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Project Spotlight: Vanderbilt University Medical Center’s LINK Building

Image courtesy of VUMC.

Vanderbilt University Medical Center (VUMC), in Nashville, Tennessee, has hired SSR to provide engineering design and consulting services on the largest expansion project to date on their main campus adult hospital, Vanderbilt University Hospital (VUH). The new LINK building is a 15-story, 460,000 SF tower that will house patient beds, surgical support, imaging transplant and ortho clinics, offices, and administrative space. The need for expansion is driven by the unprecedented growth occurring in Middle Tennessee.  

SSR has been engaged in this project since 2021, working with VUMC and Blair + Mui Dowd Architects to provide mechanical, electrical, plumbing, fire protection systems, and technology design for the core and shell of the building. Designing the building structure first allowed VUMC leadership more time to identify the desired programming for the building. What started off as an office tower that could be easily converted to critical care inpatient programming quickly evolved into an inpatient bed tower with institutional occupancy and only the top two floors as office space. 

One of the initial challenges of the project is the tower’s small footprint. The new facility is being built over and between existing parking garages and up against the existing Medical Center East – South Tower. The footprint of the existing LINK garage is small and provides no “podium” type level that we typically see with large bed towers. Additionally, VUMC did not wish to connect the new LINK building to the existing mechanical, electrical, and plumbing (MEP) systems serving other buildings in the immediate vicinity. This decision necessitated a new stand-alone generator plant, chiller plant, boiler plant, and fuel oil farm systems to support the building and to be incorporated into the small footprint. The design team looked at other resources in the surrounding area to house these new systems and selected a solution where most of the electrical infrastructure for the LINK building will be housed outside of the new tower footprint.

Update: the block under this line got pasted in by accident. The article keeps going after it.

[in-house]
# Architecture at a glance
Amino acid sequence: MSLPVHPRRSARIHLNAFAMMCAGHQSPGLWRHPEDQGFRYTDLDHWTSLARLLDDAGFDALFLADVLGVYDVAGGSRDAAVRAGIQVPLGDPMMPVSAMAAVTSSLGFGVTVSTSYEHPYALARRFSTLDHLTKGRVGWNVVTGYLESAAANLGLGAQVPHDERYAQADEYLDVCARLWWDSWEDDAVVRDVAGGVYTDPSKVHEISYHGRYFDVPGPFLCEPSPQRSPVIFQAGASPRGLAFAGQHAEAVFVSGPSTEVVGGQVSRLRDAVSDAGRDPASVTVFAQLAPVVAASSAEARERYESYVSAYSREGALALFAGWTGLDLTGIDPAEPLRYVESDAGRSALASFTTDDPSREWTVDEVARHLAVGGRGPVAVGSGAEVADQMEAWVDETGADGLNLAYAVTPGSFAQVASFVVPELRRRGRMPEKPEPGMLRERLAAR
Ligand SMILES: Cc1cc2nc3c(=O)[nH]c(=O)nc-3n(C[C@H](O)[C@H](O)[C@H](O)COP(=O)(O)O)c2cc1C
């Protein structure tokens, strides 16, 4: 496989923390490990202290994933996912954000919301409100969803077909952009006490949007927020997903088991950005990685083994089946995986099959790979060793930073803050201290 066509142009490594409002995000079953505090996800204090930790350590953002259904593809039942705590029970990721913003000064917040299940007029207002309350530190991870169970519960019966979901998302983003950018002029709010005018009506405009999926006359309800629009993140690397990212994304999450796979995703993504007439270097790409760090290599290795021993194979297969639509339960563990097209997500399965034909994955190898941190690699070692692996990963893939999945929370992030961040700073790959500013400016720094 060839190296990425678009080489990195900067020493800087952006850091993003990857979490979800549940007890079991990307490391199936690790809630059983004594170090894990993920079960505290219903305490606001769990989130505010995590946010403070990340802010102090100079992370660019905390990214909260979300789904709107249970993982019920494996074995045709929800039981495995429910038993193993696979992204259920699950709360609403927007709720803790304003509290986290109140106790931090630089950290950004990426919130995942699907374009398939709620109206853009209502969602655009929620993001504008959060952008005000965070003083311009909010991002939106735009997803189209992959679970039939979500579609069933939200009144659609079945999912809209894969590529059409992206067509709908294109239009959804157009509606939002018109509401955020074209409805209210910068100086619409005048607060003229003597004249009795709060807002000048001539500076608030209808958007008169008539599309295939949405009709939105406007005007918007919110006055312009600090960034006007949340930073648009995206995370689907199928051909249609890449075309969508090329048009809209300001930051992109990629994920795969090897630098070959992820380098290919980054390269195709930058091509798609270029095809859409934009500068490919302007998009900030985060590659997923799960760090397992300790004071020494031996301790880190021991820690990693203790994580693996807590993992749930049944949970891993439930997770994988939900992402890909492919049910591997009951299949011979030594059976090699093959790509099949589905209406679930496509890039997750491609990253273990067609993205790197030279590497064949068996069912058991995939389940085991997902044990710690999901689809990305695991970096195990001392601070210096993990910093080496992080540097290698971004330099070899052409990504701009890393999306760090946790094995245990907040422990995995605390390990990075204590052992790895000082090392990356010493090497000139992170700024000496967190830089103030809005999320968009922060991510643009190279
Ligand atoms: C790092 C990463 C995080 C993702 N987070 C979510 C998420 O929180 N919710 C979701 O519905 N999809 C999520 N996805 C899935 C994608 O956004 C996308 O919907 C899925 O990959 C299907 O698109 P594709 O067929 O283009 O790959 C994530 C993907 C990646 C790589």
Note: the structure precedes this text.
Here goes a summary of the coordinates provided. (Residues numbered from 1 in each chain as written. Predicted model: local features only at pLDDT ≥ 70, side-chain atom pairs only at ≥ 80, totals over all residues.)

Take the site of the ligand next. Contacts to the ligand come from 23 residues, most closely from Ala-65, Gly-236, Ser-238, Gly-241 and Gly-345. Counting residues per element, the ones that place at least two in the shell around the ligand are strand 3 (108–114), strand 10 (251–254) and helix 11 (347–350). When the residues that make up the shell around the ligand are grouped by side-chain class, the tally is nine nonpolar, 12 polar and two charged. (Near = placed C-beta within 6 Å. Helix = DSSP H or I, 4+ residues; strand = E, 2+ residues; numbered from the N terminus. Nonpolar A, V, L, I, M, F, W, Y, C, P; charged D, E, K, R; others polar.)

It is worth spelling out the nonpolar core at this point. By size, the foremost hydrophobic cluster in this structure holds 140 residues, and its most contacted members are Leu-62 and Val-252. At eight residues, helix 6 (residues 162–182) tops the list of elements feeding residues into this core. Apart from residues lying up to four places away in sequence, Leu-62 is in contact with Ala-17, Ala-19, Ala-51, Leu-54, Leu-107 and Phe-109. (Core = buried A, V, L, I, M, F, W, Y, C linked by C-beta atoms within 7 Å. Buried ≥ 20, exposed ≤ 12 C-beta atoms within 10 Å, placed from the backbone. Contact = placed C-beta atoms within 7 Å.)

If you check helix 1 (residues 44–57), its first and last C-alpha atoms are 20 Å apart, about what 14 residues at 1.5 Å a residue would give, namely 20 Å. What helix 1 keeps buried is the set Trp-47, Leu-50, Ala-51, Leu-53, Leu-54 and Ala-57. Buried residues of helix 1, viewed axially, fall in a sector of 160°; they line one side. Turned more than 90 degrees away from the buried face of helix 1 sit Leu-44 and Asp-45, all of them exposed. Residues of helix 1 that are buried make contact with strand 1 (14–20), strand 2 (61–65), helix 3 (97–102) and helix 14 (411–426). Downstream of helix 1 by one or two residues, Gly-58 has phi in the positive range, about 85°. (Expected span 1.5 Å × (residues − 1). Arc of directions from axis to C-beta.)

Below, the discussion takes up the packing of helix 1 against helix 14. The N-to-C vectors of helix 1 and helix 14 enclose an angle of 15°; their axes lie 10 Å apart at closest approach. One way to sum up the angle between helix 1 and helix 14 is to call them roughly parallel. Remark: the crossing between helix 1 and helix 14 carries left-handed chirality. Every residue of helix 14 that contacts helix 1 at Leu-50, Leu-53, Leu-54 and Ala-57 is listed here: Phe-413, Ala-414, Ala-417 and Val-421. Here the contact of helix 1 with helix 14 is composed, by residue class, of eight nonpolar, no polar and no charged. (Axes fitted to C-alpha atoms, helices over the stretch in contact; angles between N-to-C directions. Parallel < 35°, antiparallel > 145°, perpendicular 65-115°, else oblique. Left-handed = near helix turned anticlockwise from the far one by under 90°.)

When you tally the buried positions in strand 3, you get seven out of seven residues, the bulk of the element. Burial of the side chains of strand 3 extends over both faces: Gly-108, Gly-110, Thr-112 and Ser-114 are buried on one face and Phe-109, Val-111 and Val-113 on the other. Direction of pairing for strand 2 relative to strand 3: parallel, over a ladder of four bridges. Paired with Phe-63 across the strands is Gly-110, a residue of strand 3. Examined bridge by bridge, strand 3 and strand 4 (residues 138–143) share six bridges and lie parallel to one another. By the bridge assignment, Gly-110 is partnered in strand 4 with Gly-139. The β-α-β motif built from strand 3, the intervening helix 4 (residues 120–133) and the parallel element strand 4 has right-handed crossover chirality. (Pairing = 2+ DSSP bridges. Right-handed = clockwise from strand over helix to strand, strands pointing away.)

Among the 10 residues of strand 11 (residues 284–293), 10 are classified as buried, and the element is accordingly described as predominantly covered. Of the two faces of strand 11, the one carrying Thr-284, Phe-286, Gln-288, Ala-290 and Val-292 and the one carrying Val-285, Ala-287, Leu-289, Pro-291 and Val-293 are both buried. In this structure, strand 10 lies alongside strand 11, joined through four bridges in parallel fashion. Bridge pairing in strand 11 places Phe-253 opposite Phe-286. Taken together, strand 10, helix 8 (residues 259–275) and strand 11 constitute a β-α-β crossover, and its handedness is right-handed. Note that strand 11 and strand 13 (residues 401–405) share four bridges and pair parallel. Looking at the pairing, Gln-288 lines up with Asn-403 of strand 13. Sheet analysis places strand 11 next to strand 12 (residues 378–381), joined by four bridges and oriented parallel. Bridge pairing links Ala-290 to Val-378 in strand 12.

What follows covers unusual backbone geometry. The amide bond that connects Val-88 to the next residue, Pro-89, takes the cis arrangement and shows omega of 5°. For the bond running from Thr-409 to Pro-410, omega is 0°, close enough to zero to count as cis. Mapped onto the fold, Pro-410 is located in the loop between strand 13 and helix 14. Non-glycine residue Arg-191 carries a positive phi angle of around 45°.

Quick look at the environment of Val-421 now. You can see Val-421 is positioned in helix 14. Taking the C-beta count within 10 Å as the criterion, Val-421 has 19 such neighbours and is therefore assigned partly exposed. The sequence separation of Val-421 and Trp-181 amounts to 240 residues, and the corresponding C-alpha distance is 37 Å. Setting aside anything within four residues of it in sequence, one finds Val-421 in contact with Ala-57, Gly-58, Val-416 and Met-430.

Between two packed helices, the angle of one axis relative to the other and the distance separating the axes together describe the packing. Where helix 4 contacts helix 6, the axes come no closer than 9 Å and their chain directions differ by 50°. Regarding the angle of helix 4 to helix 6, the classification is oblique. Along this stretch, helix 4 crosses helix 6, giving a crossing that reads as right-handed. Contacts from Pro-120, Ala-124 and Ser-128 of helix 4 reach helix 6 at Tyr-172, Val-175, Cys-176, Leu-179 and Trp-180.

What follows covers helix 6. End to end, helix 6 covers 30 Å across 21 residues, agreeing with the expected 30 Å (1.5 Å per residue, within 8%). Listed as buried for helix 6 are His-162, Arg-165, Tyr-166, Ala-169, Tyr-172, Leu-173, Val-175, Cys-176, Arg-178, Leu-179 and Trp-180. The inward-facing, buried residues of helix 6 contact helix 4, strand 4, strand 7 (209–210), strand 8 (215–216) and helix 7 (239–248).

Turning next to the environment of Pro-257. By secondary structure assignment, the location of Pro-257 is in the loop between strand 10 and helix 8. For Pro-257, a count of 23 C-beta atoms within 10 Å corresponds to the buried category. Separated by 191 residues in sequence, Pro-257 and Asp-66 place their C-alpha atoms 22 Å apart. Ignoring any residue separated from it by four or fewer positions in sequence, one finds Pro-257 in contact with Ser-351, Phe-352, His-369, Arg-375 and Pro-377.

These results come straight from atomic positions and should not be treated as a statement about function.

Another challenge for the design team was the phased building design. While the design team had an idea of what the programming of each level would be, there was no final programming and architectural and structural development to design around or coordinate with as we would have in a typical building project. Close coordination with the owner and architectural teams to communicate programming decisions and design changes helped to address these issues.  

Once complete (estimated for 2026), the LINK Building will provide VUMC with much needed beds and programming to meet the needs of the surrounding community.